Objectives To compare the performance of traditional G-banding karyotyping with that of copy number variation sequencing (CNV-Seq) for detection of chromosomal abnormalities associated with miscarriage. Methods Products of conception (POC) were collected from spontaneous miscarriages. Chromosomal abnormalities were detected using high-resolution G-banding karyotyping and CNV sequencing. Quantitative fluorescent polymerase chain reaction analysis of maternal and POC DNA for short tandem repeat (STR) markers was used to both monitor maternal cell contamination and confirm the chromosomal status and sex of the miscarriage tissue. Results A total of 64 samples of POC, comprising 16 with an abnormal and 48 with a normal karyotype, were selected and coded for analysis by CNV-Seq. CNV-Seq results were concordant for 14 (87.5%) of the 16 gross chromosomal abnormalities identified by karyotyping, including 11 autosomal trisomies and three sex chromosomal aneuploidies (45,X). Of the two discordant results, a 69,XXX polyploidy was missed by CNV-Seq, although supporting STR marker analysis confirmed the triploidy. In contrast, CNV-Seq identified a sample with 45,X karyotype as a 45,X/46,XY mosaic. In the remaining 48 samples of POC with a normal karyotype, CNV-Seq detected a 2.58-Mb 22q deletion associated with DiGeorge syndrome and nine different smaller CNVs of no apparent clinical significance. Conclusions CNV-Seq used in parallel with STR profiling is a reliable and accurate alternative to karyotyping for identifying chromosome copy number abnormalities associated with spontaneous miscarriage. Copyright © 2015 ISUOG. Published by John Wiley & Sons Ltd. Source


Sun L.-M.,Fudan University | Sun L.-M.,Tongji University | Sun L.-M.,Shanghai Institute of Planned Parenthood Research | Li Y.,Tongji University | And 7 more authors.
Journal of Maternal-Fetal and Neonatal Medicine | Year: 2016

Objective: In monochorionic diamniotic (MCDA) twin pregnancies, unequal placental sharing does not always lead to adverse outcomes. The aim of this study is to investigate how unequal placental sharing may be compensated by placental anatomical changes.Methods: Between January 2012 and July 2013, a total of 60 uncomplicated MCDA pregnancies ending in live birth of healthy twins were studied. Placentas were divided into two groups; an equally shared placenta group (placenta territory discordance ≤25%, N = 40) and an unequally shared placenta group (placenta territory discordance >25%, N = 20). Angioarchitecture, cord insertion type and the distance between two cord insertions were compared.Results: Vascular anastomoses were seen in all 60 placentas, and 58 placentas (96.7%) had arterioarterial anastomoses (AA). The overall diameter of the AA was larger in the unequally shared placenta group as compared to the equally shared placentas (0.27 ± 0.12 cm versus 0.19 ± 0.1 cm, p < 0.05). The distance between the cord insertions was shorter in the unequally shared group (14.5 ± 6.0 cm versus 18.3 ± 6.5 cm, p < 0.05).Conclusion: The absence of adverse outcomes in unequally shared placenta group can be explained by the presence of large AA and shorter distance between cord insertions, protecting the twin with the smaller placental part against growth restriction and other pathology. © 2015 Informa UK Ltd. Source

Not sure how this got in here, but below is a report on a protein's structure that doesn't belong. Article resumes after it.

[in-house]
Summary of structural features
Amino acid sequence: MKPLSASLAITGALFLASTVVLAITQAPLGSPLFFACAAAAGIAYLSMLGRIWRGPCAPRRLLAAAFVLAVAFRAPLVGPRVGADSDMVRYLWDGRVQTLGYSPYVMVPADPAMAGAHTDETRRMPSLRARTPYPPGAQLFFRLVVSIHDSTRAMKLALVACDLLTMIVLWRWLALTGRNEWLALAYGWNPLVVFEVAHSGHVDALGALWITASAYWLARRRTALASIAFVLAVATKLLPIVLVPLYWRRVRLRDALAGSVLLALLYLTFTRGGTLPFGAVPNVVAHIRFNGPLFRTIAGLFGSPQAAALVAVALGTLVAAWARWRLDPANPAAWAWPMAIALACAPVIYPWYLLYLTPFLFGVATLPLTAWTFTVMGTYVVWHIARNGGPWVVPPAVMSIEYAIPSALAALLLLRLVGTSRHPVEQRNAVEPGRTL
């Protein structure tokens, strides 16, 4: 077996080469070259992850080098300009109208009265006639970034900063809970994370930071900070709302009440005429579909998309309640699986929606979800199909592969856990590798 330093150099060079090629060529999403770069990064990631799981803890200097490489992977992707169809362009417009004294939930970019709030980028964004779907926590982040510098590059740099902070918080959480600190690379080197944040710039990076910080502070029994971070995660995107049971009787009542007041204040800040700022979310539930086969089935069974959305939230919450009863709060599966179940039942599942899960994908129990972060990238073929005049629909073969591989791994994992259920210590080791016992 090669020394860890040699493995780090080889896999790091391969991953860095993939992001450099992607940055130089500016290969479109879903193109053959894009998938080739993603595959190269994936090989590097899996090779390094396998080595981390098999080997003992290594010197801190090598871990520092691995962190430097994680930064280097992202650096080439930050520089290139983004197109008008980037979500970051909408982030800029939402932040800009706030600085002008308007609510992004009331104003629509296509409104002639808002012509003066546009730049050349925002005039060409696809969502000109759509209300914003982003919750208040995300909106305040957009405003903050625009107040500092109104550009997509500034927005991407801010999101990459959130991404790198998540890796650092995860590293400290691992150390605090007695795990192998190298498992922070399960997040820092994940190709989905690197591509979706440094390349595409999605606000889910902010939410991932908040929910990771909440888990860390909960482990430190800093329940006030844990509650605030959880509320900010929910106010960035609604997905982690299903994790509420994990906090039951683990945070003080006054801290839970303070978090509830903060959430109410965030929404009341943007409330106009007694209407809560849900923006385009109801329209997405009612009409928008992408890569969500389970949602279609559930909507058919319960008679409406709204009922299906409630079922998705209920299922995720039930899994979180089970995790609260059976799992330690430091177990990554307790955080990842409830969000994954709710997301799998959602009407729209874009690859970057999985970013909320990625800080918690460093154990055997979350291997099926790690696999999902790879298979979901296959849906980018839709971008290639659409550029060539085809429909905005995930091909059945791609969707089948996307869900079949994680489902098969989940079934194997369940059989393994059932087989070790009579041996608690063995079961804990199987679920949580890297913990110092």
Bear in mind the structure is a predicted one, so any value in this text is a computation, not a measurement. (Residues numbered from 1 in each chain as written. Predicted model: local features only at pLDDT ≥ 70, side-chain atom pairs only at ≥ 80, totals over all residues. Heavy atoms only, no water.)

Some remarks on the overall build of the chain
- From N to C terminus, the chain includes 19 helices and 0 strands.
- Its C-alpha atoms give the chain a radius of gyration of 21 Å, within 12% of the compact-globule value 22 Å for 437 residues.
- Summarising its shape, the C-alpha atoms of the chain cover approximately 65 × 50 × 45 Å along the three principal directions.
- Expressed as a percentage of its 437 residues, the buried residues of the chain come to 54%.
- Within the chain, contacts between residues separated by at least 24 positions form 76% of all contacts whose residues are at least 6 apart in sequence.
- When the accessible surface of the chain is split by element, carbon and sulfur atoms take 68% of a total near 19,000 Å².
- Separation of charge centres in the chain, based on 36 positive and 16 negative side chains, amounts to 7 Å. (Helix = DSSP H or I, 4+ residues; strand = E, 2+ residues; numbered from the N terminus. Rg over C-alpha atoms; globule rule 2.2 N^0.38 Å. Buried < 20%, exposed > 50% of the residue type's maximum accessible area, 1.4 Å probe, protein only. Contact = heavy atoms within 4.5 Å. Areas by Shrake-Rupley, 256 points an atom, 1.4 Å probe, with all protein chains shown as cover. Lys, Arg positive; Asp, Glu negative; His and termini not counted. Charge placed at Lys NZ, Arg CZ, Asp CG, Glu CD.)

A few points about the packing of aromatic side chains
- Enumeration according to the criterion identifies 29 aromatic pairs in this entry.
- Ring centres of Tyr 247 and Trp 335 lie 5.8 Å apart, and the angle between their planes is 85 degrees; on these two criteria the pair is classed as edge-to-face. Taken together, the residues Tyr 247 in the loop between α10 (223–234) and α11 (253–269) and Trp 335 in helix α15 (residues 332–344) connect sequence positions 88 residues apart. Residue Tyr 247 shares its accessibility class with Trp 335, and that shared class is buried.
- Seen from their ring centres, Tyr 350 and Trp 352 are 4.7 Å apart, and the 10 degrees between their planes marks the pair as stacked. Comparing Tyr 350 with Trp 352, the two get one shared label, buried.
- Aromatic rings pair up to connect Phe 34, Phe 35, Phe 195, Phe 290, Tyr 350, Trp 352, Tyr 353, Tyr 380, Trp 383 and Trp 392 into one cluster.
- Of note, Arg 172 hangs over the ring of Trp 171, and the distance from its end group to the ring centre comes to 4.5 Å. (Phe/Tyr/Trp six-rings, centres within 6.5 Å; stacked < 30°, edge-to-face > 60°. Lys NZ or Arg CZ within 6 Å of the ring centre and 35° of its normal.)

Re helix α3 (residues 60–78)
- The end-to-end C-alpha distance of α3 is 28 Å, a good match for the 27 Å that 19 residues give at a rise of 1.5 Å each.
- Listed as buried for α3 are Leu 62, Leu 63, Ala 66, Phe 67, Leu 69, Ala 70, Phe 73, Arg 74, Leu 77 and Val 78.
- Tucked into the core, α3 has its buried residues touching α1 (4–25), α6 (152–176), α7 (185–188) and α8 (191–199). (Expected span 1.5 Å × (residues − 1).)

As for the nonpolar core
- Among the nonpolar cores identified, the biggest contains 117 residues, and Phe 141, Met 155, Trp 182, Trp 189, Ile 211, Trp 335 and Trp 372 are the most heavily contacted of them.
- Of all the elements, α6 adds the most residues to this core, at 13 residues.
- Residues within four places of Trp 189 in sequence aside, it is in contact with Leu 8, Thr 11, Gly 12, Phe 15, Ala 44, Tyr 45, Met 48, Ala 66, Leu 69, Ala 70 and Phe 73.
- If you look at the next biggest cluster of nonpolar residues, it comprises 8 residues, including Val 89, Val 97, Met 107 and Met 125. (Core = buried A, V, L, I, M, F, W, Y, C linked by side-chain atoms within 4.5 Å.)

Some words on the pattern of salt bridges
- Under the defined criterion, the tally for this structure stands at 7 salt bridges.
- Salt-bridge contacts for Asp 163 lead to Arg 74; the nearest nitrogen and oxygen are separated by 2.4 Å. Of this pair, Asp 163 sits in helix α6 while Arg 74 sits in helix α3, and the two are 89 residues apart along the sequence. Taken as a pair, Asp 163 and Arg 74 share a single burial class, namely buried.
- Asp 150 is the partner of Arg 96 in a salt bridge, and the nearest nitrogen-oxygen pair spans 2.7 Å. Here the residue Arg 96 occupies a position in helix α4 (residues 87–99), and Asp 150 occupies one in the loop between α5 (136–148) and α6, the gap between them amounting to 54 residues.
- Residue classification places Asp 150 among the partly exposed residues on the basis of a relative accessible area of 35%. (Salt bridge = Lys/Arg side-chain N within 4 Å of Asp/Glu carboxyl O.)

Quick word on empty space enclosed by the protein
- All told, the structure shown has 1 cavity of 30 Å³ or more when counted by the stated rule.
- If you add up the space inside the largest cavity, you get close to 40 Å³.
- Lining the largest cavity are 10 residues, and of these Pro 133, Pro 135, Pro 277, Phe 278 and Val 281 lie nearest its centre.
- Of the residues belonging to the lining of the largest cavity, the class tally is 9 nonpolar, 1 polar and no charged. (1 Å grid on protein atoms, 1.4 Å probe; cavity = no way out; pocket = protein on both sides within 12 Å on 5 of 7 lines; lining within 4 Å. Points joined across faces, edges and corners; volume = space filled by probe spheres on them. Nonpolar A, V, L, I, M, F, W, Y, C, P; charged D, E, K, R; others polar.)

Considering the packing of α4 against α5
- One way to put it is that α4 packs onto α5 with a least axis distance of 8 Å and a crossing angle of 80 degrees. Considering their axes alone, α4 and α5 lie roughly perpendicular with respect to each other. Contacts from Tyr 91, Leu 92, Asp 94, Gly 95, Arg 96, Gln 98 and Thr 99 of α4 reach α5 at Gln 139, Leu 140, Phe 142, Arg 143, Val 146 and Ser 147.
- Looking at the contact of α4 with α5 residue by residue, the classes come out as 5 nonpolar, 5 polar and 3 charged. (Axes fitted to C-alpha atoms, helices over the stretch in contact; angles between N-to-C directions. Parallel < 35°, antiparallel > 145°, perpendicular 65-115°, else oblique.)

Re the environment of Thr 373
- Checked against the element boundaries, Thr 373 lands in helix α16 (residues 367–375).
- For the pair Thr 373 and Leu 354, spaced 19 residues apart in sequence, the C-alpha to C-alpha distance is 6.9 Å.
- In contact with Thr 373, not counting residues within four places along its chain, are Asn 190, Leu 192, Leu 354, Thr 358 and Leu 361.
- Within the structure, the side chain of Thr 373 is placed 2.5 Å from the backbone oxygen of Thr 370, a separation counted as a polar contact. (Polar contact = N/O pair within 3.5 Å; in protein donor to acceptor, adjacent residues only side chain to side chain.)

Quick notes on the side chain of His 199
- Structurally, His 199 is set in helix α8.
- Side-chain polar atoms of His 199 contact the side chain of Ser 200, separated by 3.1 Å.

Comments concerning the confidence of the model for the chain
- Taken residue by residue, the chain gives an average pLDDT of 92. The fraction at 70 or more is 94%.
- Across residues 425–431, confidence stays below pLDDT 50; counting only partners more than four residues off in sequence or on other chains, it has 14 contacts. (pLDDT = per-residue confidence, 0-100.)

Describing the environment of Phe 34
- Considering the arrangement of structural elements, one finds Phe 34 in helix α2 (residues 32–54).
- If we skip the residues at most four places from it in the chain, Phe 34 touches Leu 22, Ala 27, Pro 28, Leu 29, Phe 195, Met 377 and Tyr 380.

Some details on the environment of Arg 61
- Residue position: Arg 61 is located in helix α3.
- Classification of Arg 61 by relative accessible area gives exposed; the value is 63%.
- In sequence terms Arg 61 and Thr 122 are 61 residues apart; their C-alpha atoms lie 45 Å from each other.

Chai X.,Zhengzhou University | Ren P.,Zhengzhou University | Wei B.,Zhengzhou University | Ma J.,Zhengzhou University | And 4 more authors.
Clinica Chimica Acta | Year: 2016

Background: Plasma based EGFR mutation analysis is emerging as a viable alternative to tumour tissue genotyping for patients with non-small cell lung carcinoma (NSCLC). The purpose of the study was to determine the degree of concordance between EGFR genotypes derived from matching tissue and blood samples. Methods: EGFR activating mutations L858R, exon 19 deletions, G719A/C/S and L861Q as well as resistance mutations T790M and exon 20 insertions were co-analysed in 61 matching tissue and blood biopsies collected from NCSLC patients. Tissue and plasma genotyping was performed by amplification refractory mutation system PCR (ARMS-PCR) and circulating single molecule amplification and re-sequencing technology (cSMART), respectively. Results: Of the 61 paired samples, 44 (72.1%) were fully concordant, 2 (3.3%) were partially concordant and 15 (24.6%) were discordant for EGFR genotypes. The discordance was bidirectional with tissue and plasma failing to reveal the equivalent mutation in eight and nine cases, respectively. Benchmarking against ARMS-PCR tissue biopsy results as the gold standard, the sensitivity and concordance rates for plasma mutation detection by cSMART assay were 72.7% and 90.2% (L858R), 72.7% and 86.9% (exon 19 deletions) and 100% and 98.4% (T790M). Conclusions: The cSMART assay was highly reliable and accurate for plasma EGFR genotyping. Based on discordance trends, tumour heterogeneity was suspected to be the major factor preventing a concordant diagnosis in matching samples. © 2016 Elsevier B.V. Source